A “Shot” At Taking Down Cancer

HPV Vaccine Promoters Speak to BFA

HPV Vaccine Promoters Speak to BFA

Meagan Gaetano, Mercury Writer

Parents do just about everything they can to protect their children’s health. Parents should be aware of a strong weapon to help prevent several types of cancer in kids when they get older, it’s called the HPV Vaccine.

An HPV Clinic, where the vaccine will be administered, will be held at BFA on Wednesday, October 12, in the BFA gym.  It will take place before school.  The Clinic will run from 7:00 AM until 8:00 AM.

Human Papillomavirus (HPV) is a virus passed from one person to another through skin-to-skin sexual contact.

20 million people are infected with HPV in the United States and 6.2 million more are infected each year. Most HPV infections don’t cause any symptoms and usually cure on their own but HPV has become increasingly monitored recently because the virus can cause Cervical Cancer in women who are infected.

In the United States about 17,500 women and 9,300 men are affected each year by HPV related cancers. These can all be prevented with the HPV vaccination.

Gardasil-9 is one of three FDA approved HPV vaccines. Both male and females at ages 11 to 12 can routinely get the vaccination through their health physicians. Three doses of Gardasil-9 are recommended.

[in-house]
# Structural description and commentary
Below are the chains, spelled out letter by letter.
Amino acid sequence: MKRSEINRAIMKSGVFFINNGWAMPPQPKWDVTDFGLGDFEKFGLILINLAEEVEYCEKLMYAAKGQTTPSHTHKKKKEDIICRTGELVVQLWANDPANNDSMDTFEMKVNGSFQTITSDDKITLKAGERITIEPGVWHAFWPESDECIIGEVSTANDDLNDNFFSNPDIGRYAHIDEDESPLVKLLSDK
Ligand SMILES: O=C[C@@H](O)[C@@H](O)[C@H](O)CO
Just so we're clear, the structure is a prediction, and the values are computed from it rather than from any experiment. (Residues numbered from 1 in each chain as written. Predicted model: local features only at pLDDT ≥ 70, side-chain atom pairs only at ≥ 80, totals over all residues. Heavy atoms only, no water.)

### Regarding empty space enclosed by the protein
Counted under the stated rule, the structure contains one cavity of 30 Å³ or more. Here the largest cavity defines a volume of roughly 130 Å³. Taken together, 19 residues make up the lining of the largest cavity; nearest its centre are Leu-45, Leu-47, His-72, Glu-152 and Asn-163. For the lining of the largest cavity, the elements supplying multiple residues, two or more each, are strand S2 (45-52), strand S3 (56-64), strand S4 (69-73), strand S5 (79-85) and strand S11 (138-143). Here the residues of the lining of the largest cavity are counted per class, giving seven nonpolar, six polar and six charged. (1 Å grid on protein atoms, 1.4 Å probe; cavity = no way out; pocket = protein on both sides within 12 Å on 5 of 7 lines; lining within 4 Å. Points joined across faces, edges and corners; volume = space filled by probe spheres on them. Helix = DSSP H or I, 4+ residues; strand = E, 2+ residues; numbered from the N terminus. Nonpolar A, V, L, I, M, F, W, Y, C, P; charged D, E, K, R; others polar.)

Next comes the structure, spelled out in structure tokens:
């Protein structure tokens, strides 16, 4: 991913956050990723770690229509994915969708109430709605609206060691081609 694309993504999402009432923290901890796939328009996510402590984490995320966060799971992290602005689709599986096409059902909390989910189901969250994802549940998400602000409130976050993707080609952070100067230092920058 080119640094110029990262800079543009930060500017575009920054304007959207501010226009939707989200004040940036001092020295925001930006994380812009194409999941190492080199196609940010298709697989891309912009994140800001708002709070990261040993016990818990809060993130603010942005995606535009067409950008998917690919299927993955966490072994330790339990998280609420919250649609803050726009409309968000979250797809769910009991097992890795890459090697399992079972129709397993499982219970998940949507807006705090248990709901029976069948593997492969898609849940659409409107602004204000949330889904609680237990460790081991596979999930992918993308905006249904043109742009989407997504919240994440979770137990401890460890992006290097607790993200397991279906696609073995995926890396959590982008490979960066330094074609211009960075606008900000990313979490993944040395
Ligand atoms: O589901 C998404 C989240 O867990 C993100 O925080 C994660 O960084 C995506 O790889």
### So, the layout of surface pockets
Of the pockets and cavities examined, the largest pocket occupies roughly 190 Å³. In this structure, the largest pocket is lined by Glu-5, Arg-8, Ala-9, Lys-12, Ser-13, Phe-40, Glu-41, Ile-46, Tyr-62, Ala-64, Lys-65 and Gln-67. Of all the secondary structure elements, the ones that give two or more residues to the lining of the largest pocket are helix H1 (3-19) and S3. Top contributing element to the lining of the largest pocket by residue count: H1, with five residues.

The vaccination wards off four major types of HPV, two in which cause 70% of cervical cancer.

Valerie Lipka, BFA’s pediatric nurse said, “The vaccine is recommended to be given at age 11, but people are hesitant about that. When you are 11 you build better immunity to the virus so that’s the only reason doctors recommend it at that age, not because they are sexually active.”

Statistics on HPV
Statistics on HPV

Lipka met with the Vermont Department of Health (DOH) to propose the idea of getting the first vaccination shot at BFA.

Lipka also had to have a meeting with the school board. Both the DOH and the school board thought that it was a “great idea” and agreed to the vaccination.

Lipka will not be “administering the vaccine,” but will be “helping to promote, organize and make sure the facility is set and to act as a go between to answer any questions parents and kids will have about the vaccine.”

To promote, Lipka sent out a letter at the beginning of the school year, while arranging the Vermont DOH to come during lunch and answer any questions from students.

Lipka is the main link between BFA and the DOH.

All insurance companies will pay for the vaccines.

The 1st dose will be offered at BFA and then the students parents will have to schedule an appointment with their primary physicians for the second and third dose.